Almost every organization says that it is trying to change to meet the increasing demands of customers. This means adopting new technology, or even embarking upon a wholesale digital transformation.
Too often, these efforts flounder. Half of all change initiatives fail outright, and just 34 percent are a clear success, according to Gartner.
Customers are noticing it too – just 19 percent say they see a significant improvement in the service providers like banks and hospitals are offering. The reasons for change failure can vary from poor sponsorship to attempting too much change at one time.
The real problem might be something more fundamental: your organization is anti-change by design.
The good news is that the discipline of Organizational Change Management (OCM) offers research-based steps that can help organizations master the people side of change and significantly boost the likelihood transformation will stick.
Some common organizational traits that block change:
Your organization is a strict hierarchy. According to Gartner research, flatter organizations have a 24 percent greater chance of change success and see implementation time decrease by as much as one-third.
Overcome it! We recommend building a sponsor coalition that expands the team of stakeholders invested in a successful change.
IT and project management functions are isolated. These crucial functions can become inwardly focused and may not have the deep relationships with other business units whose support is needed to achieve disruptive change.
Overcome it! Make sure that project and technical staff engage business subject matter experts in other departments at the outset.
The mission of your organization is too critical. Organizations with public safety, health, or social missions can be so devoted to the cause that they don’t allocate time to embrace a change initiative, even if it would enhance their ability accomplish the mission.
Overcome it! Spend time before launching the change to show everyone how adoption will increase mission accomplishment.
Your managers are not equipped to lead people through change. Strong technical skills can be the main reason someone wins a promotion. But a tech-savvy manager may not have the background to guide their teams or other stakeholders through a difficult change.
Overcome it! Give managers specific training in the people side of change. The Prosci change management methodology includes a focus on the emotional impact a significant change can have on individuals and how to help them through it.
Assuming that an innovation-focused organization is comfortable changing itself. “Innovate or die” is the mantra for many organizations that thrive on delivering new products and services to customers. But this doesn’t mean your employees are comfortable with internal innovations that impact how they do their jobs.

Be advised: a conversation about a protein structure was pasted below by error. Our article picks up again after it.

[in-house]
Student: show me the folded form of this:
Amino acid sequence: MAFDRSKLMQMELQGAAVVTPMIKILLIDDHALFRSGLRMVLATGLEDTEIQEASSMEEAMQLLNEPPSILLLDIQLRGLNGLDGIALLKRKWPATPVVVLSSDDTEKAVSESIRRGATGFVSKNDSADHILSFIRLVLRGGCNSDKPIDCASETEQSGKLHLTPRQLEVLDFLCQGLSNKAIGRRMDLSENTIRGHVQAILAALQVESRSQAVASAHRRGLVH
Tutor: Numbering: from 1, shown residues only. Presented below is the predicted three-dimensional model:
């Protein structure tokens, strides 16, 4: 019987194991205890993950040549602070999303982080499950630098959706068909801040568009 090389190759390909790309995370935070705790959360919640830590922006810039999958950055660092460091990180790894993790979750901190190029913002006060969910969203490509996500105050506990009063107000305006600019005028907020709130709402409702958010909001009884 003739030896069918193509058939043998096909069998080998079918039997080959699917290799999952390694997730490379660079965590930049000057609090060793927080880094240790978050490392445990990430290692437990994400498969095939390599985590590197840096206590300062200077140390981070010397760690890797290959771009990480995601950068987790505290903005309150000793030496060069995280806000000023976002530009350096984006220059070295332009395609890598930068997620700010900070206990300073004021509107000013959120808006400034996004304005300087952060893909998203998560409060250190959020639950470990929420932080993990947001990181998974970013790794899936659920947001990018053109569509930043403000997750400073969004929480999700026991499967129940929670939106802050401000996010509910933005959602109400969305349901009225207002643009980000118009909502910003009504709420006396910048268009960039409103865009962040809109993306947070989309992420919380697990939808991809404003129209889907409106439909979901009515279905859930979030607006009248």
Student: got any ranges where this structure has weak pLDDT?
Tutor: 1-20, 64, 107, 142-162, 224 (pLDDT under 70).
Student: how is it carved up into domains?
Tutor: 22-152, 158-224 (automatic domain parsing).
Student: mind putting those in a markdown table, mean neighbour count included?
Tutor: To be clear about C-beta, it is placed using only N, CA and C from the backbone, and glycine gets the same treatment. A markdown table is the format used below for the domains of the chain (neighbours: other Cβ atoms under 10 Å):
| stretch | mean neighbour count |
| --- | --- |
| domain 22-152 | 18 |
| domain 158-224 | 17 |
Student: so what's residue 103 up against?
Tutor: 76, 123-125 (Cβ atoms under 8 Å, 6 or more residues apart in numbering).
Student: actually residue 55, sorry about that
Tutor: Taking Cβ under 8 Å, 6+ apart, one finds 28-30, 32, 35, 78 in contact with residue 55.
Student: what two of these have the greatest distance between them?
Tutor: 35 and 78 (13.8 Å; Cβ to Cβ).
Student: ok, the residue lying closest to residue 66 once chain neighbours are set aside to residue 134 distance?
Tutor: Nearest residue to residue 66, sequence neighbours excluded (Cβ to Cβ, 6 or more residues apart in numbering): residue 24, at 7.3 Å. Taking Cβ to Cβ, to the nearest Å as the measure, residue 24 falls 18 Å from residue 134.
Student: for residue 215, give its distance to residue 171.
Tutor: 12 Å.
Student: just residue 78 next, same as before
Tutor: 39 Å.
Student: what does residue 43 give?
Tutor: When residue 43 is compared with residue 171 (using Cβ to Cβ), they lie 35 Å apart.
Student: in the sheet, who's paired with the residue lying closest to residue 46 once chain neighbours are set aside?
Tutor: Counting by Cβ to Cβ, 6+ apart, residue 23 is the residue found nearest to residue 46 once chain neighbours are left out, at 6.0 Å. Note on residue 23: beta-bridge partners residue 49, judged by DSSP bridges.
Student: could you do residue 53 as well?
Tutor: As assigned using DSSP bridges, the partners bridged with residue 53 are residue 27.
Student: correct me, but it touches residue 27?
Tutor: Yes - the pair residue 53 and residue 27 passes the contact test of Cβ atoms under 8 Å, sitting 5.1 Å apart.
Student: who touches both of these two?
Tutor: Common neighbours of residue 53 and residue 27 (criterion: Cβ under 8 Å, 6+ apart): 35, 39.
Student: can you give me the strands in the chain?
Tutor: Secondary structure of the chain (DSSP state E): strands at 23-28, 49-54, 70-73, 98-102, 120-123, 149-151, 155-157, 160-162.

Overcome it! Don’t assume that staff will roll with whatever you throw at them. Make sure your transformation is deliberate and follows a change management plan that informs, engages, and equips employees for the transition.
Senior leaders with conflicting or hidden agendas. Even after a change initiative is launched, leaders with different priorities or who are competing for finite resources may directly or subtly try to undermine the effort.
Overcome it! Create a strong sponsor coalition that follows a clear roadmap and provides training in how to identify and respond to resistance.
Bonus Item: You have unionized workers. Organizations with workers covered by collective bargaining agreements need to take steps at the outset to determine whether the planned change touches items covered by contract language. Reach out to your organization’s labor relations team and union leadership early to build trust and understanding.
Like people, organizations have personalities and habits developed over many years that can be challenged by change. Although the future hasn’t arrived, it’s coming. Have a deliberate plan for managing the people side of technology change and ensure your organization doesn’t get caught in the anti-change trap.
Michael Sponhour is a senior consultant at Avaap. A Prosci-certified change leader, Michael works with organizations to address the human side of change and incorporate a disciplined approach to change management to meet intended project outcomes. For more information on how Avaap can help you get results by connecting with people, click here.